The Australian Competition and Consumer Commission has ditched its perfectly good logo and enriched some graphic designers by introducing a new logo. Why it has bothered to do this is unknown, but I guess every organisation eventually has to refresh its image.
So too are online scammers always trying to refresh the ways they entrap the unwary, with the ACCC noting that "the online sphere — email, the Internet, social media and mobile apps — has overtaken telephones as scammers’ preferred tool of the trade to contact potential victims".
In 2017, we're told "the ACCC’s Scamwatch site has received more than 51,000 reports of scammers trying to con people online. Online scam losses total nearly $37 million so far in 2017, with people aged 45 to 54 most likely to lose money".
The top three scams that people are most likely to encounter online are:
- Phishing – often delivered via email, scammers will pretend to be from well-known businesses and government departments to con unsuspecting victims out of their personal information and money. For example they might say they’re from Apple and you need to reset your password for security reasons, or they may offer you a gift voucher to a major supermarket for completing a ‘survey’.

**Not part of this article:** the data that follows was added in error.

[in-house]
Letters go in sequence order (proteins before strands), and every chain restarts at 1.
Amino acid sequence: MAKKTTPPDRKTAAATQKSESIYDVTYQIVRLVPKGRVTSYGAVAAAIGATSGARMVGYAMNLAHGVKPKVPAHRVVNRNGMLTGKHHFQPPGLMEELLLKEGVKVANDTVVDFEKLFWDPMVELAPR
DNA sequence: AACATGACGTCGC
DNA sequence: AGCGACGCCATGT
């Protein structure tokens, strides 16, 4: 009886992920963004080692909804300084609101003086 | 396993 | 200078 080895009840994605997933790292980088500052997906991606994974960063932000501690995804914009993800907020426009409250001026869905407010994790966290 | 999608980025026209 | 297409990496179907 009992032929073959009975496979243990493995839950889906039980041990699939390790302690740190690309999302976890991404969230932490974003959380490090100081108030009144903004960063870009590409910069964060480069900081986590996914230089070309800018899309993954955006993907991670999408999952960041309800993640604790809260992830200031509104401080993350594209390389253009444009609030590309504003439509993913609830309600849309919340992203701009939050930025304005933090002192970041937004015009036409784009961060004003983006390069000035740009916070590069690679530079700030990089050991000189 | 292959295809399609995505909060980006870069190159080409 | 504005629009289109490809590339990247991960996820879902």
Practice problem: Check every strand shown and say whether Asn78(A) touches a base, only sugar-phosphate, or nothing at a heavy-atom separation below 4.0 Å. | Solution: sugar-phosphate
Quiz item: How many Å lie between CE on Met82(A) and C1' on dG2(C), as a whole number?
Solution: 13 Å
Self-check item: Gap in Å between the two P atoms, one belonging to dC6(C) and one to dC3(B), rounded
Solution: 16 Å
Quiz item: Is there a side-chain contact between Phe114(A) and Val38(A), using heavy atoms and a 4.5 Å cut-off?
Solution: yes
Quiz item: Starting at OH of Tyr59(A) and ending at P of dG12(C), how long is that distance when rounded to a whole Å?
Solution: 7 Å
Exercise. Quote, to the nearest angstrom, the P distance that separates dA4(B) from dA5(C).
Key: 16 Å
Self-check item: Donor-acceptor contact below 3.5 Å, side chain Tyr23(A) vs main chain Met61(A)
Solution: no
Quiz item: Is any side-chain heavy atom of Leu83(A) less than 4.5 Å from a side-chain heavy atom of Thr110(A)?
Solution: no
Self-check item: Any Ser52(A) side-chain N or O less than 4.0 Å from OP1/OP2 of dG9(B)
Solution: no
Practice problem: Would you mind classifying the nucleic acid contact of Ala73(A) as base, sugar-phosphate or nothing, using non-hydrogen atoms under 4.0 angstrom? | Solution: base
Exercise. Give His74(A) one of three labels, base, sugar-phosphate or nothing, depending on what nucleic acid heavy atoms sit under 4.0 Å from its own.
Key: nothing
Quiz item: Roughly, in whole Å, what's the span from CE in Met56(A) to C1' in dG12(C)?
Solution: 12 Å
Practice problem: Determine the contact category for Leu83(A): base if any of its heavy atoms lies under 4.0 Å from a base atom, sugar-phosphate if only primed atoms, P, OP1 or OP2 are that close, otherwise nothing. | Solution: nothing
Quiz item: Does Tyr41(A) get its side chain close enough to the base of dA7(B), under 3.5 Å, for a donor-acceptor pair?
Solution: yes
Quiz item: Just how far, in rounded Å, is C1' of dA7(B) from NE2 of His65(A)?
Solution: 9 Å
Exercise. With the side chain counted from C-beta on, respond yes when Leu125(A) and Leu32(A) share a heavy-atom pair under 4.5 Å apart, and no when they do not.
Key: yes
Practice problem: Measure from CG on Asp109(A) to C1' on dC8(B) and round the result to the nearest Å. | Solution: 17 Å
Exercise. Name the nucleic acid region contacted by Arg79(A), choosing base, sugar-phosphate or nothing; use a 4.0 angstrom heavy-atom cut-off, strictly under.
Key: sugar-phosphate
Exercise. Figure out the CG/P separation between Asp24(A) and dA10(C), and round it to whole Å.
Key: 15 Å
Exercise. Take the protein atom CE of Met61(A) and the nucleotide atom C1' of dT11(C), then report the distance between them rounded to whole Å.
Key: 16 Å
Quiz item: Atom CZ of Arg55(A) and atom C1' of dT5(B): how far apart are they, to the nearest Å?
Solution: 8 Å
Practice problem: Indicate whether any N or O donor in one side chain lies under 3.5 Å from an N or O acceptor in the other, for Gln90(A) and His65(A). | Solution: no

- False billing – scammers will pretend to be from a utility provider such as your phone or energy company and send you a fake bill. These scams can be very hard to pick as the fake bills scammers send look authentic.
- Buying and selling – scammers will trick people who are looking to buy or sell goods online. For example, they may set up a fake online store that sells well-known brands at seemingly too-good-to-be-true prices; or they may set up a fake listing on a classifieds website.
Rickard noted there are some simple techniques members of the public can employ to avoid being stung by a scammer online and said: “While scammers are often after your money, they’re also trying to steal your personal information, which is just as valuable. It’s important to safeguard your personal details online the same way you would your wallet.
“If you’re ever contacted out of the blue, particularly via email, by someone asking you to pay a bill, complete a survey or update your passwords, it pays to be sceptical.
“If something seems too good to be true, it probably is.
“If you’re unsure about the legitimacy of something online like a store, classified listing or email you receive, do you own research as others who have been stung by scammers will often post warnings for others. There are also plenty of very useful tips and advice at ScamWatch to avoid being stung by online scams," Rickard said.
More information about Stay Smart Online week is also available here.